Fifty years ago, when the West Bank was still occupied by Jordan, the Soviet Union began a campaign that was to culminate in the 1975 U.N. General Assembly resolution equating Zionism with racism. The Israeli scholars Joel Fishman and Yohanan Manor have unearthed how, in the October 1965 proceedings of one of its sub-committees, the Soviets responded to a joint U.S.-Brazil resolution condemning anti-Semitism with an amendment urging the inclusion of “Zionism” as well. So let there be no doubt: Before there was an “Israeli occupation,” there was a demonization campaign against the Jewish nature of the state underway.
By the time the General Assembly passed Resolution 3379 in 1975, the key slander it contained—the bracketing of the national liberation movement of the Jewish people with South African apartheid—was already a familiar one in the halls of the U.N. It fed on the same poisonous atmosphere, marked by terrorism and the constant threat of a Middle East war, that birthed such horrors as the Red Army Fraction, a group of well-heeled German students who hijacked planes and murdered Jews and others in the name of the Palestinian cause. And it remained on the books for 16 years before it was rescinded in a curt, single-line resolution on the eve of the historic 1991 Middle East peace conference.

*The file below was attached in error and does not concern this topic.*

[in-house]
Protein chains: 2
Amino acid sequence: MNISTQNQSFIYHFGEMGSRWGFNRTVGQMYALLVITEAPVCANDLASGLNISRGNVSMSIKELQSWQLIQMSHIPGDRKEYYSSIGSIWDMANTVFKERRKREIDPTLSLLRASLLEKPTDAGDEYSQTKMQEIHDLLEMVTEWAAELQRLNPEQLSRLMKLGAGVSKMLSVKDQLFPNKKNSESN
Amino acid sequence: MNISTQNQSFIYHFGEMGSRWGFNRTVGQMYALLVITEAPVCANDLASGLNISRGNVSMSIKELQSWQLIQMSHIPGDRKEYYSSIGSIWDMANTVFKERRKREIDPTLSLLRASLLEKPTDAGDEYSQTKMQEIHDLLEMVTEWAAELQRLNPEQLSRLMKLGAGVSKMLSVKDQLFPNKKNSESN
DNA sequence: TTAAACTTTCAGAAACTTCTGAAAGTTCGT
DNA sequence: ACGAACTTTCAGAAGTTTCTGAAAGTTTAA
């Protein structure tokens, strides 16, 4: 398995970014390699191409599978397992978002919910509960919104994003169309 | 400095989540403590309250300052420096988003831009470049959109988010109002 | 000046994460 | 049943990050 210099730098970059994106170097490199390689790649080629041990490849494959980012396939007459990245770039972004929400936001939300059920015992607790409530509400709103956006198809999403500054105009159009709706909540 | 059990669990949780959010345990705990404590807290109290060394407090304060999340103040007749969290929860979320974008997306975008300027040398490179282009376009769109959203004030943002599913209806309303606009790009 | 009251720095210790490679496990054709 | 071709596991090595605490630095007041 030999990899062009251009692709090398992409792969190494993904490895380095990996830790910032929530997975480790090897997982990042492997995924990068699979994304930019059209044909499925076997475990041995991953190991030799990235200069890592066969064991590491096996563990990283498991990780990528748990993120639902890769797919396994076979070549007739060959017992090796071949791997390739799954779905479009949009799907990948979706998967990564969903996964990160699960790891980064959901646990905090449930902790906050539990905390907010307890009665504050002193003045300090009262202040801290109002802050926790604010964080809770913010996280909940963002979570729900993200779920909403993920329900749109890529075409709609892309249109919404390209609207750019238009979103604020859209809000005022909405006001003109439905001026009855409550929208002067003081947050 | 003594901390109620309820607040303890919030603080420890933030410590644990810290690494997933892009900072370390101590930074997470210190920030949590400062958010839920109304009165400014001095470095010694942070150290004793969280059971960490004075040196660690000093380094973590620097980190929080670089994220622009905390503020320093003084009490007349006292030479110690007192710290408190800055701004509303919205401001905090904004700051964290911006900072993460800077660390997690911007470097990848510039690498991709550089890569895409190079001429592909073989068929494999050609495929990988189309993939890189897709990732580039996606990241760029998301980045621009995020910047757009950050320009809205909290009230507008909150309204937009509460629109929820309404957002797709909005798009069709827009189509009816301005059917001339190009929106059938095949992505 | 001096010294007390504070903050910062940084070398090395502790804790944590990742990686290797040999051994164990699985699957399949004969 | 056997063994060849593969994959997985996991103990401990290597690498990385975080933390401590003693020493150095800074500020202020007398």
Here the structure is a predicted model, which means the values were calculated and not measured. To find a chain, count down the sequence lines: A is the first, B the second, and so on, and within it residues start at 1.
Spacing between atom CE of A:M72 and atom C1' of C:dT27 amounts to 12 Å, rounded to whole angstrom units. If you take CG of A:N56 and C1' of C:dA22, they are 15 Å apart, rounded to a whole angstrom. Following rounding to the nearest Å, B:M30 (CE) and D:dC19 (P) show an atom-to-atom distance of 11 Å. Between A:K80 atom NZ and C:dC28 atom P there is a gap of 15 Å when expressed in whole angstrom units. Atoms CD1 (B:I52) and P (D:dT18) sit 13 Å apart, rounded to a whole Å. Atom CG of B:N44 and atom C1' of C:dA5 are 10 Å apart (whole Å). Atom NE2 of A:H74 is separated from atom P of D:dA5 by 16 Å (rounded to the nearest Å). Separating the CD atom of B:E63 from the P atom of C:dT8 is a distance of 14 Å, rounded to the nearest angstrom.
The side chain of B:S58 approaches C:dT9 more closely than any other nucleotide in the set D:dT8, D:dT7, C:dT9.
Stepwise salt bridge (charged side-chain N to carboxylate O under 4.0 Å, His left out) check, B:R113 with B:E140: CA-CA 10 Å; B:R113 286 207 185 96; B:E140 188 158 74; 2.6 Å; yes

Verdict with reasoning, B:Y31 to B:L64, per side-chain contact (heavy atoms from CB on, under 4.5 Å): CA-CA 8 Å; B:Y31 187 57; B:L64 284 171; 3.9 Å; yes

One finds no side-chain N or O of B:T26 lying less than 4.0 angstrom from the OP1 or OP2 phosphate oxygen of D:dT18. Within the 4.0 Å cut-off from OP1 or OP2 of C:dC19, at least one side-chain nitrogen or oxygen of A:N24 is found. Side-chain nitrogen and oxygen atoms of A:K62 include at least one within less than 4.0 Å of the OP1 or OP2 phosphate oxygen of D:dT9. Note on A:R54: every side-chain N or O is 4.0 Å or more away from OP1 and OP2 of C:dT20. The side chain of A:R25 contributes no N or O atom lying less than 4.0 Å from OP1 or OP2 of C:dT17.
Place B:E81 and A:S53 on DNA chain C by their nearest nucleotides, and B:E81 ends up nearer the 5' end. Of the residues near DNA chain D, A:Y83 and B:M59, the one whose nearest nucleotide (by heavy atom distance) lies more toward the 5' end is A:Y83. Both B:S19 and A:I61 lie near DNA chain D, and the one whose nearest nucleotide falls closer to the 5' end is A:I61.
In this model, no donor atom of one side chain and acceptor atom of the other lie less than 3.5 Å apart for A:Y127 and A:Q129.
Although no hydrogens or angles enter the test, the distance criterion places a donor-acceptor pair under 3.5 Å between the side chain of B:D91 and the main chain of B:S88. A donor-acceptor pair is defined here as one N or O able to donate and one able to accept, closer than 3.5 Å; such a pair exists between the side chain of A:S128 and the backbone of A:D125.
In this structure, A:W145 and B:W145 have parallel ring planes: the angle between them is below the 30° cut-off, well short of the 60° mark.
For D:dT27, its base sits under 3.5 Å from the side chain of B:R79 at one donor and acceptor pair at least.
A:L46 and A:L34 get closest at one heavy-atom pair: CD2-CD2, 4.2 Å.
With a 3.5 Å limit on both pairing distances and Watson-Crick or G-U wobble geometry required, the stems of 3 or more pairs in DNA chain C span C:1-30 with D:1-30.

The problem is that the U.N. continues to behave as if it regards Zionism as a form of racism. And the reason for that is simple. Structurally, nothing has changed at the U.N. since the coming, and then going, of Resolution 3379. The systemic bias identified by Power remains because the same bodies that have targeted Israel in the past continue to do so now.
It’s not just the Human Rights Council. On the same day that it passed the Zionism-is-racism resolution, the General Assembly created the memorably named “Committee on the Exercise of the Inalienable Rights of the Palestinian People,” along with an entire “Division of Palestinian Rights” for research, information, and propaganda requirements. For more than 40 years now, the U.N. has annually spent several million dollars of member-state money on NGO conferences on the Palestinian territories, “fact-finding” junkets composed of minor officials who decide that Israel is guilty before they even reach the airport, and endless resolutions and reports that cement the false image of Israel as a rogue state.